I have been taking pictures out at Kil-Kare Dragway in Xenia since 2003. When I tell people I am a drag race photographer I can count on a few standard reactions, such as, “Oh I haven’t been out there in years,” “I used to go all the time.” or “my father, uncle or grandpa used to race out there,” That usually takes us a few steps down memory lane. And then there is the occasional blank stare which can be translated either as, what is drag racing, or why do you do that.
I like going out to the track early, especially on days like this when the sun is shining, the sky is blue and it isn’t too hot, at least not yet. Stop at the ticket booth to say hi to Annette and Bill, maybe trade some gossip and wishes for a good day of racing. Then pull around to the tech line to sign the waivers, get a wrist band and again, talk about what is up for the day. Getting there early means the track is still quiet as I drive down to the booth. Some of the other early birds are unloading cars or bikes and the clean-up crew is finishing up their work. The track crew is running the dragger, putting down spray and checking the lights. The mood is quiet, peaceful in a way.
JD and I go to work opening up the booth, setting up the awning and putting out the contact sheets, getting the computer and printers up and running and checking the cameras. More cars and bikes have been pulling in but it is still pretty quiet. Dave is setting up the souvenir booth but there is always time for more talk and I am wondering if Corndog Concessions has breakfast ready yet, never as soon as my stomach seems to want it.
It stays pretty quiet, until the first motor starts up, especially if it’s one of the big ones. Then you can feel the energy level change, just a little, but it continues to build until the call goes out for time runs and it is time to get down to the line, say hi to the crew and start shooting. We stay pretty busy, trying to get all the racers and keeping an eye out for new cars. We are always looking for racers we haven’t seen before, how do they run, what is the best way to shoot them, and always looking for ‘the shot’, the picture that makes you say ‘yeah,’ that’s the one.’
While we are shooting we also get to watch the race. Early in the day, everyone is hopeful, no one has lost yet. The pit crew walks off after time runs and we can see them thinking what went right, what can be done to make the next run a little better or what changes can be made to fix a problem. Everyone has the potential win that day.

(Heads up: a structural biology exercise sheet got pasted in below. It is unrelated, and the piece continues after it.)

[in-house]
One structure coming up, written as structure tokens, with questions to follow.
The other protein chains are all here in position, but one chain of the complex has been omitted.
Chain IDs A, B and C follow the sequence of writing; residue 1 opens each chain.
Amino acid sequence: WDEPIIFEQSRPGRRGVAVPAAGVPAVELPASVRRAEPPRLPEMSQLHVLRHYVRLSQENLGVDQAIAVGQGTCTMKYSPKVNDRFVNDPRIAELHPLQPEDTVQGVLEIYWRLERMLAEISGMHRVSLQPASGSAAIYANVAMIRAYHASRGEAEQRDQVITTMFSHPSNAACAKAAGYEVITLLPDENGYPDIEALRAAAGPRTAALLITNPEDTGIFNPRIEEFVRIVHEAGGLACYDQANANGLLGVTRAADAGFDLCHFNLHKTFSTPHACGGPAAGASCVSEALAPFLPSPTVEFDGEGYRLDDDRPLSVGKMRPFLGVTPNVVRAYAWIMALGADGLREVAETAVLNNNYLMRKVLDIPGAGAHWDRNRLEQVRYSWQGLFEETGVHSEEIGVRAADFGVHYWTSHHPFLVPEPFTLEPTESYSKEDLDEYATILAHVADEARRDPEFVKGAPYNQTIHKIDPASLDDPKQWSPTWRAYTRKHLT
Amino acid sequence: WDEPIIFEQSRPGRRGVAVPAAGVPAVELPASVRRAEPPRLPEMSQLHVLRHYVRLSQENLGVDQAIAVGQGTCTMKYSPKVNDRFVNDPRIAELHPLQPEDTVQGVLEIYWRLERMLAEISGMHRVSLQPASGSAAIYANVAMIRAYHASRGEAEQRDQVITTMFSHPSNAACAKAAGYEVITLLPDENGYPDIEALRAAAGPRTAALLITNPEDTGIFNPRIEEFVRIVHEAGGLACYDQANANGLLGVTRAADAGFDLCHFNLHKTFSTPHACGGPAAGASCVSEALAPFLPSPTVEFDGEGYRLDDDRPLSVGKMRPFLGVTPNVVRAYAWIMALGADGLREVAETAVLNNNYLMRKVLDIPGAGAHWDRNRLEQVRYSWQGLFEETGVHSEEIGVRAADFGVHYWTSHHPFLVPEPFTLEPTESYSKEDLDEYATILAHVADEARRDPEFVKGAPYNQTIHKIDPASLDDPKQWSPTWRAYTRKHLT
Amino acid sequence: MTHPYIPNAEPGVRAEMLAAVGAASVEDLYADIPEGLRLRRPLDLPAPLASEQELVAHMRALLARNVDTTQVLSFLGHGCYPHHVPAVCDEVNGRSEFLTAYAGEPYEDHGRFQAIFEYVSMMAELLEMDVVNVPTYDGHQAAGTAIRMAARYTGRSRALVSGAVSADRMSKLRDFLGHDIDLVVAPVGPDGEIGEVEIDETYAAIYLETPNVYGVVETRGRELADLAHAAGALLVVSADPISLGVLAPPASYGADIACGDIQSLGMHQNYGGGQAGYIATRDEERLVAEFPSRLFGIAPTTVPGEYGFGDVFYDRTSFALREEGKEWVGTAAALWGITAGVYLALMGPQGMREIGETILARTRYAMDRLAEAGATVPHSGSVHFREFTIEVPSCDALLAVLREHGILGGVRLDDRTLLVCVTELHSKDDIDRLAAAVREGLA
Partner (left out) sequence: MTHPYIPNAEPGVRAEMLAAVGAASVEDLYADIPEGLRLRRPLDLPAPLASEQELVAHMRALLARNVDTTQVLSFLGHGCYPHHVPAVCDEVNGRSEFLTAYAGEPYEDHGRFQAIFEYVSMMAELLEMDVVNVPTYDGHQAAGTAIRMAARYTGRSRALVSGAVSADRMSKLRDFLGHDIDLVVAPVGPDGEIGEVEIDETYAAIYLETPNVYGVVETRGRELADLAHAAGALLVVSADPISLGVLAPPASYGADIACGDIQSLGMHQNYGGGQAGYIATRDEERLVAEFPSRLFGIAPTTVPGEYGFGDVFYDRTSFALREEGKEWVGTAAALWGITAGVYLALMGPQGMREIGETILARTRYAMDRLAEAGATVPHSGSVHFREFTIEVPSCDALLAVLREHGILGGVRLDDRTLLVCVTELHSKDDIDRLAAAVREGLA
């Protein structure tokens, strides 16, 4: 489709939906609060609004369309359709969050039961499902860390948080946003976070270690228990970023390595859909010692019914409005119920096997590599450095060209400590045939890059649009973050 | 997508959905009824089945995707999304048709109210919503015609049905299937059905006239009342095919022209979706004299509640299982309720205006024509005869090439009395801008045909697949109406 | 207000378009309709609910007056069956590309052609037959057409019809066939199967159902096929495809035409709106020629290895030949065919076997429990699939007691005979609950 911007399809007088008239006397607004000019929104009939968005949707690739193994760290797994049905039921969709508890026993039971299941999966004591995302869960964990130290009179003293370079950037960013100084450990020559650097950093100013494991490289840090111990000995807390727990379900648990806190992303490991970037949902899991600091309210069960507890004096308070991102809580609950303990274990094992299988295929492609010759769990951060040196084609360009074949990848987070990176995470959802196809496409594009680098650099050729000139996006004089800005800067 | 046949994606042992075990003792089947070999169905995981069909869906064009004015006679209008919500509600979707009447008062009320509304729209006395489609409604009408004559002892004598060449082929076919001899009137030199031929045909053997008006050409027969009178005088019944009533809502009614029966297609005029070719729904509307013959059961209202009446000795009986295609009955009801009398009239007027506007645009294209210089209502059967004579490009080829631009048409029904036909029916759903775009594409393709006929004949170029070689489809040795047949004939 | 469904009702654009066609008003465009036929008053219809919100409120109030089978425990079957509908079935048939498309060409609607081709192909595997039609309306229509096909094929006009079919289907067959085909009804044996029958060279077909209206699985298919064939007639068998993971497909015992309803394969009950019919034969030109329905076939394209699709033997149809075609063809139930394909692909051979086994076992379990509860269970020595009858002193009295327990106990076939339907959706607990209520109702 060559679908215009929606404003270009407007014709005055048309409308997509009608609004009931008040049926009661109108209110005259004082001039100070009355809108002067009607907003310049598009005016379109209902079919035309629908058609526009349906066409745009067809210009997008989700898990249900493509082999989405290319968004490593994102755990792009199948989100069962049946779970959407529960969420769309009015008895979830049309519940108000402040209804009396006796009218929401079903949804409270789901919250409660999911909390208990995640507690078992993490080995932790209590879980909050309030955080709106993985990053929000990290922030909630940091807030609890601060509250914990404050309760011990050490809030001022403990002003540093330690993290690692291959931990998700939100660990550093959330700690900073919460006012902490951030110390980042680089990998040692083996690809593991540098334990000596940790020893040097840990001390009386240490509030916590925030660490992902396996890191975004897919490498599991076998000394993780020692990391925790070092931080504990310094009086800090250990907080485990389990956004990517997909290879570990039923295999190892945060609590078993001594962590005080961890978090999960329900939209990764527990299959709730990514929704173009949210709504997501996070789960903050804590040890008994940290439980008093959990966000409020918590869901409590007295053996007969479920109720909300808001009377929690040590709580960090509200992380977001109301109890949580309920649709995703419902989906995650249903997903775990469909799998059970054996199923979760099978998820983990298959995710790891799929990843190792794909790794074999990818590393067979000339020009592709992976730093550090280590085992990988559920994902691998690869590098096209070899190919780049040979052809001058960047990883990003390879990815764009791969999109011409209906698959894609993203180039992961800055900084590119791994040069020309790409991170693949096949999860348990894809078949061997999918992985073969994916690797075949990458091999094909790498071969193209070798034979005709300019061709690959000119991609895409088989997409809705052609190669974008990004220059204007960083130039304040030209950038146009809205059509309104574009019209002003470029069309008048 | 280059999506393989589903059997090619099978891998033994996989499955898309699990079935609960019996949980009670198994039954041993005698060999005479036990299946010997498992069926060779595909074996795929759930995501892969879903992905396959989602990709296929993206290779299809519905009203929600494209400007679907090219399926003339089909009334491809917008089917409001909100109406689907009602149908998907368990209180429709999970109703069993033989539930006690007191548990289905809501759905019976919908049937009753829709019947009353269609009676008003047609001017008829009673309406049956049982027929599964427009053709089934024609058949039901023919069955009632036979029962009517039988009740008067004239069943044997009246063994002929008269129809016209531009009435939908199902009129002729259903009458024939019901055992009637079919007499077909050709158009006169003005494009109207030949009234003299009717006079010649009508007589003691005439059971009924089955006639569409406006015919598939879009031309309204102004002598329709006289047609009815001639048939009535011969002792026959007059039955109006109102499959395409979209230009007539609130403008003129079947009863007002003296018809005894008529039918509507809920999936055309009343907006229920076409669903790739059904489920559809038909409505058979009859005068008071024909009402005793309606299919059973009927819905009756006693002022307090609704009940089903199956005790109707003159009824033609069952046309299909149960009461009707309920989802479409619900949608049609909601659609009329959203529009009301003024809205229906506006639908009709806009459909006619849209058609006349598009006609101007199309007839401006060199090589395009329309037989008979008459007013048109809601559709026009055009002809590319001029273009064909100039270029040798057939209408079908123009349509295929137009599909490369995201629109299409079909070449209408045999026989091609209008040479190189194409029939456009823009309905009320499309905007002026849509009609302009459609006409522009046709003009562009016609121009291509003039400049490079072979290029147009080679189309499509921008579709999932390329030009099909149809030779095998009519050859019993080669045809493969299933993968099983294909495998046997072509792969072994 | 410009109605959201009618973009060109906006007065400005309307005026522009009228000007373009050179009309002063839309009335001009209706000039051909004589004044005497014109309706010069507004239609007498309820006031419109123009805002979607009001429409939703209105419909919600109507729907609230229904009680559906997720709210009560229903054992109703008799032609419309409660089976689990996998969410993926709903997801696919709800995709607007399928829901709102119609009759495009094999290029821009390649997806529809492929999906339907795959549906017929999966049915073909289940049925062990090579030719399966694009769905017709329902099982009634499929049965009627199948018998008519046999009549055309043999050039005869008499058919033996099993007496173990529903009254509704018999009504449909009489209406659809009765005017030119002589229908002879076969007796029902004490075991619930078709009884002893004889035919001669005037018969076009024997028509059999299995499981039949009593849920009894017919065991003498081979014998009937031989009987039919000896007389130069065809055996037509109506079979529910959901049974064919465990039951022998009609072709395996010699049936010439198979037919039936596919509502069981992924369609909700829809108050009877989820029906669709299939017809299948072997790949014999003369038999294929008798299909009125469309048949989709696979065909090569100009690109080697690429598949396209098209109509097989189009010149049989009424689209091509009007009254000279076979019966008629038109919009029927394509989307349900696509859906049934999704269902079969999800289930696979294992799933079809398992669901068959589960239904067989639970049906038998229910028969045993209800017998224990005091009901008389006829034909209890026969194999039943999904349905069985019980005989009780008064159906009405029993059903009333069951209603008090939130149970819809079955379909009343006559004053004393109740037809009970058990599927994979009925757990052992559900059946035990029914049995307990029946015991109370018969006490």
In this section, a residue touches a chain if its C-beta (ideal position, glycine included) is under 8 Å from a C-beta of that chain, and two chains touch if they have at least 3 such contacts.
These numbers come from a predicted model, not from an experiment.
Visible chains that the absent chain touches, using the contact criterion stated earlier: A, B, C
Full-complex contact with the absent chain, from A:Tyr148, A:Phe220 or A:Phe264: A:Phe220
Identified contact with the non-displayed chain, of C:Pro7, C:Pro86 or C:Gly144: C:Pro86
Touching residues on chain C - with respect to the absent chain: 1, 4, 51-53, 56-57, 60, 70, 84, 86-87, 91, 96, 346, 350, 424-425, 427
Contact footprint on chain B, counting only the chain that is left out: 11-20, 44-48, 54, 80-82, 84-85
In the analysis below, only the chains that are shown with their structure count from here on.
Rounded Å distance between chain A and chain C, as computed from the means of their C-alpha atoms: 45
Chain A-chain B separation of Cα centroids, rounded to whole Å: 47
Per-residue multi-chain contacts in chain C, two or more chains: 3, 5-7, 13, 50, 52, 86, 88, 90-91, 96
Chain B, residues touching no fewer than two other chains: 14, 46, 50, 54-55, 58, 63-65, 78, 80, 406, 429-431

Since we are not directly involved in the race, we don’t win or lose. We get to observe. There are a number of things we see that others who are not involved in drag racing might not notice. Such as, if Randy gets on the PA and puts out a call for a racer in need, it will get answered. At the bracket finals for junior dragsters one call went out and five people came up to help. It is the same for the adults. If you need something people will help you out if they can, often going out of their way to do so. Speaking of juniors, win or lose, after the race the parents will shake hands or at least give a nod of the head.
As racers bikes are a little different, they aren’t closed up in the car so there seems to be more of a connection between the riders. In the burn-out box riders look to the other racer and don’t start until the other one is ready. Same thing happens as they get to the line, a nod of the head and then edge up to the lights. On many Saturdays I have seen racers staged up against a rider who was there for Thursday test and tune helping them work out the bugs in their machine or improving the technique of a newer rider. Sometimes they aren’t even testing their own bikes, just there to help out. Come Saturday they are ready to race. And if that newer rider keeps going rounds, the other racers will come up to the line to watch, hoping to see them do well.
When time trials end and racing starts the energy level amps up and the mood changes. Win and the crew celebrates, maybe a smile and a fist bump as they walk away or even jog off with their heads up. Lose and it’s a shake of the head, a look of disgust, or a sagging of the shoulders. And the walk is slower, no rush to get ready for the next round.
As the race goes on the tension increases. The more rounds you go the more there is to lose, until the finals. JD took a picture of the final round in Super-Pro a few weeks ago, and the driver that lost that race loved it. It captured the drama of a great day of racing for him. And drama is the right word. Throughout the day it’s all there for you. Hundreds of people in the cast and all the human emotions right there on display. And as photographers we get to watch and document it all.
Those are the rewards of being a Drag Race Photographer.
Gene Idol, September 19, 2013
2358 So. Patterson Bivd. Apt 2 Kettering, OH 45409 United States
Detroit Harry's Photos has a solid background in racing photography, mostly drag racing so far but we are energized about expanding into other forms of racing, motorsports and otherwise. We also do scenic and custom shoots.
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